Asking “Can We Do This?” Isn’t Enough

When we’re looking at a course of action, whether it’s for your business or in your personal life, too many of us get hung up on whether or not we can do something and not whether or not it actually makes sense to do it. This can lead to a lot of (hopefully) unintended consequences that cause those choices to come at a high price (either to ourselves or others).

Thankfully, there has been a growing focus on harm reduction in some circles over the last several years. If you want to try to reduce the negative impact of the things you do as a person, a leader, or a company, you may want to consider answering the following questions before you decide on a course of action.

What is it that we’re trying to accomplish?

Do you know what outcome you’re wanting? Seriously sit down and think about it.

If you can’t answer this question, you may not want to go forward. If the answer is “enrich myself at the expense of others,” you really probably shouldn’t go forward (though, if that’s your motivation, you probably aren’t going to listen to me anyway).

What are the reasons we should do this?

What benefits (to both ourselves and others) are going to be the result of doing what we want to do? Consider 2nd order (and higher) effects here – 2nd order effects are the “consequences of your consequences.” You do Thing A, which causes Thing B to occur. Thing B occurring causes Thing C to occur.

Is there a great deal of benefit to be brought by these actions? That’s generally a positive thing. Just make sure you’re thinking of actual benefits that are likely to happen and not some fantasy that you’ve made up.

What are the reasons we should NOT do this?

What damage are our actions likely to cause? Again, think of 2nd order effects.

If the damage outweighs the benefits, is this something you should really be doing?

Eliminating poverty is a great benefit to the world. Doing it by turning poor people into soylent green? Notsomuch.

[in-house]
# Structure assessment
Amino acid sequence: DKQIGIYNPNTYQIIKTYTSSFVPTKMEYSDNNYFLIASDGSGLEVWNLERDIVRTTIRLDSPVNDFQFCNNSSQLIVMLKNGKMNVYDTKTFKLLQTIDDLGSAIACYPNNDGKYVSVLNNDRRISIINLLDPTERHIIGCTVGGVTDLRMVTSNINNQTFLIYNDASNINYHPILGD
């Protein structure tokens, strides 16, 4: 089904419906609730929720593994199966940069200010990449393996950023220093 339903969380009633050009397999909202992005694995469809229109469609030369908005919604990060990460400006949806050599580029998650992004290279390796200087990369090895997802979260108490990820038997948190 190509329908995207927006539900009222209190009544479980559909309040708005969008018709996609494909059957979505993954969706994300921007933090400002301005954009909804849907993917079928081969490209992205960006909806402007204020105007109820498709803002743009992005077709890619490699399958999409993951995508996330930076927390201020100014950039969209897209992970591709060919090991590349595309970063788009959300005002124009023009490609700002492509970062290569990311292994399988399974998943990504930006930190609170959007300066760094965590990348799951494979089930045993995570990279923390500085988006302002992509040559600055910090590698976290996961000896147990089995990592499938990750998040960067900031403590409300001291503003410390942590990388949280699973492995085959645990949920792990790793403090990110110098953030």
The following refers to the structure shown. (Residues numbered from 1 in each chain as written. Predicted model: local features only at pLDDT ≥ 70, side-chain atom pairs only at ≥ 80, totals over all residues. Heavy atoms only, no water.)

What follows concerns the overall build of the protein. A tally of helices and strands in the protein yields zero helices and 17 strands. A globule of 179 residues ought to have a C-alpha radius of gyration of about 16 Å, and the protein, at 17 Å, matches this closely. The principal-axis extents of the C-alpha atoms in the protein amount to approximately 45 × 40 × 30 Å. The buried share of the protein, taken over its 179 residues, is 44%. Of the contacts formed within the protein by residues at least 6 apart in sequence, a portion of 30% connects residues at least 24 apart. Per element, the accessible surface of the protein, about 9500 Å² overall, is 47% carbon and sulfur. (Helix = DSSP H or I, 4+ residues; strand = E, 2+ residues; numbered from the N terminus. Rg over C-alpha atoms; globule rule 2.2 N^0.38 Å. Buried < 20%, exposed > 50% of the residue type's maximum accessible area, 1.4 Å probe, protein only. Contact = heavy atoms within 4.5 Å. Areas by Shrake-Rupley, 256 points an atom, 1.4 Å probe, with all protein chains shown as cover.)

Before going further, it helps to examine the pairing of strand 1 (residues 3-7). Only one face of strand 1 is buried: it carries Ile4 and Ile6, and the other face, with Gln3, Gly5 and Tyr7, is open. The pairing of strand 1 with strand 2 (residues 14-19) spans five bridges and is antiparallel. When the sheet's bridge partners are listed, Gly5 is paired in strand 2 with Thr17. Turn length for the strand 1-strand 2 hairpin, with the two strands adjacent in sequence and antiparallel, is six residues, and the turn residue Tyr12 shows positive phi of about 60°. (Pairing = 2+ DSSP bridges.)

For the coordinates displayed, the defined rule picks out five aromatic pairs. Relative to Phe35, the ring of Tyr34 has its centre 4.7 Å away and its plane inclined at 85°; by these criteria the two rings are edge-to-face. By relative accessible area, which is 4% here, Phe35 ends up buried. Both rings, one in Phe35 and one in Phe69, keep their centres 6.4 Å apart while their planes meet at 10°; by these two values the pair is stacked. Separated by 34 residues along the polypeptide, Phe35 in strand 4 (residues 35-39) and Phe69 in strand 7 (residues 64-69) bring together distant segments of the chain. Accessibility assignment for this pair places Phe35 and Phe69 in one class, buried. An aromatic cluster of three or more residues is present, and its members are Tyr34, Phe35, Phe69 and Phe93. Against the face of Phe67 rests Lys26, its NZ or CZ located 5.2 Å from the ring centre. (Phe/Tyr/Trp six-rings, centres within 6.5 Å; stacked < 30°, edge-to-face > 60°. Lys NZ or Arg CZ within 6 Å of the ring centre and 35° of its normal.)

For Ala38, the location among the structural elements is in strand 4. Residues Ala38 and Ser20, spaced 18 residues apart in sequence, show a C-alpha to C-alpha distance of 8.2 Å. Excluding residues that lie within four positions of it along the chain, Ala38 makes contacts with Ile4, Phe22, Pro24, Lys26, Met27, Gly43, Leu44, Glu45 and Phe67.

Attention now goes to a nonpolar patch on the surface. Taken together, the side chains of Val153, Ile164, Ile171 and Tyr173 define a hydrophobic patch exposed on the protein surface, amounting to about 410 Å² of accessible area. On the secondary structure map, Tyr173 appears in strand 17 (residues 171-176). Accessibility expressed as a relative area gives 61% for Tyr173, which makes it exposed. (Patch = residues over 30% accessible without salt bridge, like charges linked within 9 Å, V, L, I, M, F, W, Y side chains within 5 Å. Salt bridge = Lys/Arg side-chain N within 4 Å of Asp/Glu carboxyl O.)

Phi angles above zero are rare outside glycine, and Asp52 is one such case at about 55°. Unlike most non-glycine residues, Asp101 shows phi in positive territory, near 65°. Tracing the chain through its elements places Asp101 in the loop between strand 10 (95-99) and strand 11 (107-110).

Before you accuse me of jumping the shark with the soylent green reference, keep in mind that a lot of eugenics based “solutions” have been offered (and even attempted) as answers to things that powerful people have seen as societal problems.

What is going to prevent us from doing this? What challenges are we likely to face?

The reason to ask this is twofold – first, it gets you mentally prepared for some of the issues that might come up. Second, it may give you a look into the reason this thing hasn’t been done before

It may be that nobody has come up with a good solution. If you have one, by all means, go for it. However, it may have not been done because the “solution” is much worse from a harm perspective than the problem you’re wanting to solve.

When you do this, consider how you are likely to overcome these issues and apply the same benefit vs harm analysis to them.

The bottom line is that your actions have consequences and you are morally responsible for the things that you do in this world. You can scream “the purpose of a company is to make money” until you’re blue in the face, but that will not absolve you of the responsibility for the harm that you cause in the search of profit.

There’s a quote attributed to Chief Seattle that I’ve found to be very true – We Do Not Inherit the Earth from Our Ancestors; We Borrow It from Our Children.

Life isn’t a game where the point is to have the highest score when you die. You can’t take your money with you, but you most certainly leave behind the consequences of your actions for others to live with. We need to start realizing that and act appropriately.


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